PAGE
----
Sure, we’ve all read about TSO’s upcoming changes to the ITIL 2011 updates, but how do we know if they’re really going to make a difference to the books? Will the ITIL 2011 updates be worth the money?
TSO have reported that there have been a number of changes made to all five core titles. Taking into account users’ feedback and suggestions for improvement, “the updated publications will be easier to read and understand. The 2011 updated titles are designed to resolve any errors or inconsistencies in the content, and improve the publications by addressing certain issues (such as in the Change Control Log)”.
TSO claim that the changes made to Service Strategy are designed to ensure that the books relate more clearly to one another, anomalies are corrected and that the content is conveyed in a clear and concise manner. The concepts and principles in Service Design have been clarified, including the five aspects of service design, the design of the service portfolio and the terminology related to views of the service catalogue. The structure, content and relationships of the configuration management system (CMS) in Service Transition have been clarified to help the reader understand key concepts. In the Service Operation title, process flows have been updated or added for all processes and key principles have been clarified and in the Continual Service Improvement, the seven-step improvement process has been clarified with the CSI model being renamed.
These are the changes that TSO have made, and as much as it seems that the changes will be for the better and they will enhance the titles and make them more user-friendly, will they really be worth buying?
Should we trust what TSO say or is it better to gather a formulated opinion from an independent individual who has already read the books?
After much deliberation, we went for the latter! Peter Brooks from Cape Town area in South Africa is a reviewer for the itSMF endorsement and has had a chance to read all five books;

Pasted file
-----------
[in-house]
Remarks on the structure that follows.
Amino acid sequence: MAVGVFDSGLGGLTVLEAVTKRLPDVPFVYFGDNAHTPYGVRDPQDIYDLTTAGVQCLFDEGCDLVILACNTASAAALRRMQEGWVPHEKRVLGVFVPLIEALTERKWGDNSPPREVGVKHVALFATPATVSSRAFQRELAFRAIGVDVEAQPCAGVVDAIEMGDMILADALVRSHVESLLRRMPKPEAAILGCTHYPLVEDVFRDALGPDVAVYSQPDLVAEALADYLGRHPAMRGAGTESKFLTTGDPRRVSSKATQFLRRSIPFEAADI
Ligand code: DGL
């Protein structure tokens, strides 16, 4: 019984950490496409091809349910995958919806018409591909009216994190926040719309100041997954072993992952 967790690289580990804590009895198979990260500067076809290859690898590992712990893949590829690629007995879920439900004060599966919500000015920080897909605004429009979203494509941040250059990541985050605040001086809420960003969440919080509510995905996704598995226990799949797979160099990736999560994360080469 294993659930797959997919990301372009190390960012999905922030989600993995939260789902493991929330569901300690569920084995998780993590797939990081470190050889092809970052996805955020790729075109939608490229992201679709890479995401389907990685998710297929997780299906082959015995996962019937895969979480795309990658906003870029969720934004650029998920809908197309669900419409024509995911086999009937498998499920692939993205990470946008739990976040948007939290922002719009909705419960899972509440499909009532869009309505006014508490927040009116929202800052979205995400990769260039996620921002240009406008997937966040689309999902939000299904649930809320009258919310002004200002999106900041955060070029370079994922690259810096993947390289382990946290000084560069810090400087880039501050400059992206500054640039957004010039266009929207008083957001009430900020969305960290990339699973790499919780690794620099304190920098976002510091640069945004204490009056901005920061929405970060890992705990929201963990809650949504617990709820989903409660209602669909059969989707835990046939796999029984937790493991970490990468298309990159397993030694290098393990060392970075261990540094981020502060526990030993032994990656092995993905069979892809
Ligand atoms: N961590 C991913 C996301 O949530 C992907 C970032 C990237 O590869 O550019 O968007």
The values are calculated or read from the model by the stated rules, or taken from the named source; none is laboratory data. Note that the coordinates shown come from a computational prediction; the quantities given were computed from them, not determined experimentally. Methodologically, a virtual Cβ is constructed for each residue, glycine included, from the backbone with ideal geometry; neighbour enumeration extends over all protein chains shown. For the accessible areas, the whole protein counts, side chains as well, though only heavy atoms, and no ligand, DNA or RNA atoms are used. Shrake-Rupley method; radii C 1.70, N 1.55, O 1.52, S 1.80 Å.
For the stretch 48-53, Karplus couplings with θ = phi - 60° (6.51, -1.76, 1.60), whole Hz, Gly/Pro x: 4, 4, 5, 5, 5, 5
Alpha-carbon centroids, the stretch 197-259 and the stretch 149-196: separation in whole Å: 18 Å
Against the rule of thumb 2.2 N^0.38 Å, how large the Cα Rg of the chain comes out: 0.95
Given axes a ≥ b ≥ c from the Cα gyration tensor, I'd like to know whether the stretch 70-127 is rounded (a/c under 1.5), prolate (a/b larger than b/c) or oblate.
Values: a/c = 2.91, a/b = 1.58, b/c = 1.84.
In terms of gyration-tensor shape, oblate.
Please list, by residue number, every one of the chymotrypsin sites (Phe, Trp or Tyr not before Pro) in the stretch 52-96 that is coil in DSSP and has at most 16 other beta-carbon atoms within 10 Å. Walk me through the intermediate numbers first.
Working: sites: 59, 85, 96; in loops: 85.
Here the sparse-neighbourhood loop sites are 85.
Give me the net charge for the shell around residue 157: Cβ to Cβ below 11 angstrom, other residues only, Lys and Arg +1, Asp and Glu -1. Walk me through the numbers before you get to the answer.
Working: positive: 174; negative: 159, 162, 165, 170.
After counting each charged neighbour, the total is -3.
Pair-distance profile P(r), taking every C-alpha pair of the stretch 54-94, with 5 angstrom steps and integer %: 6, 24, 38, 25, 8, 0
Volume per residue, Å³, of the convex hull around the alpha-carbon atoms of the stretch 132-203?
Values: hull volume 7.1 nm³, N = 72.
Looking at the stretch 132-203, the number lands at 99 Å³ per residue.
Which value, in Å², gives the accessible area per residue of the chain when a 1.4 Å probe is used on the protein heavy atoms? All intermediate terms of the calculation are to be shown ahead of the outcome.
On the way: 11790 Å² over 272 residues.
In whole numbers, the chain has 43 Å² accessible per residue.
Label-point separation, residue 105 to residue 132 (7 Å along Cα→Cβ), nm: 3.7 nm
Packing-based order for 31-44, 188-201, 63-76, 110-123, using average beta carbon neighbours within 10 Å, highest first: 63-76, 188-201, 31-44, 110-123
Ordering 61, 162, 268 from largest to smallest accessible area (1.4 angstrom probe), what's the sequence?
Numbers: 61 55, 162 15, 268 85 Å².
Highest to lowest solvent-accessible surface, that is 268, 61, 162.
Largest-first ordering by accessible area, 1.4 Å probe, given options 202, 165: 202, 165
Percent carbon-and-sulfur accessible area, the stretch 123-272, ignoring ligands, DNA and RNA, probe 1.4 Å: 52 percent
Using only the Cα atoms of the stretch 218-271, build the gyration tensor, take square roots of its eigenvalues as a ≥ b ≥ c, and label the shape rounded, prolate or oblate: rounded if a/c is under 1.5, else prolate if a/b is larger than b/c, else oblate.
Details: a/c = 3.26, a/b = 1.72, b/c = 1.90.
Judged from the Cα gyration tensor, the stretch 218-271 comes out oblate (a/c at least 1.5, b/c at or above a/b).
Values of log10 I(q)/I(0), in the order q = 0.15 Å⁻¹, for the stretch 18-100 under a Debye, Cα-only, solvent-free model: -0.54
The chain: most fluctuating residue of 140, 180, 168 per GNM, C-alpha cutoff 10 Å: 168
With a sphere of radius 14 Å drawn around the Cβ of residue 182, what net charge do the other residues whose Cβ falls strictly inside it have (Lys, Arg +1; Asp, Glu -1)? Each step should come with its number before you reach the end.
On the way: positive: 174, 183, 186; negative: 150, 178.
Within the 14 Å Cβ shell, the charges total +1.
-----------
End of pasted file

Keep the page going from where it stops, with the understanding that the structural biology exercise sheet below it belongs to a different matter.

Peter begins; “Mostly, I’ve been impressed. The Service Strategy is much clearer, of course. Strategy Management makes lots of sense and pulls a lot of things together.The greater emphasis on Business Relationship Management (and, implicitly, on Business Analysis) is important – organisations certainly need a requirements register! I’ve liked some of the more subtle changes – the Service Transition main diagram now, for example, has the Change Management control shown as ‘authorisation’, rather than tons of rfcs, which seemed a bit excessive, and possibly disjointed, before. Change Evaluation flows much better too, with explicit mention of assessing the SDP and it now matches the Business Analysis phase of Acceptance and Evaluation much better as well.”
It seems that the changes made have had a positive effect. They tie up loose ends, make the links clearer between the 5 books and simplify diagrams; they do eactly what TSO claim they would do, and more. The “subtle” changes that Peter talks about may not be something that TSO have commented about in their launch of the new titles, but will have a stark impact on avid IT Service Management professionals.
Whether you choose to go for the updated 2011 titles is up to you, but it seems that there’s been nothing but good reviews of them so far. So, if you’re new to ITIL, find the current versions heavy going or just like to keep up -to-date with OGC changes, then I would definitely suggest getting hold of the ITIL 2011 updates. Currently they’re available to pre-order, but hardcopies will be released on Friday 29th July.
ITIL Countdown – 14 days to go!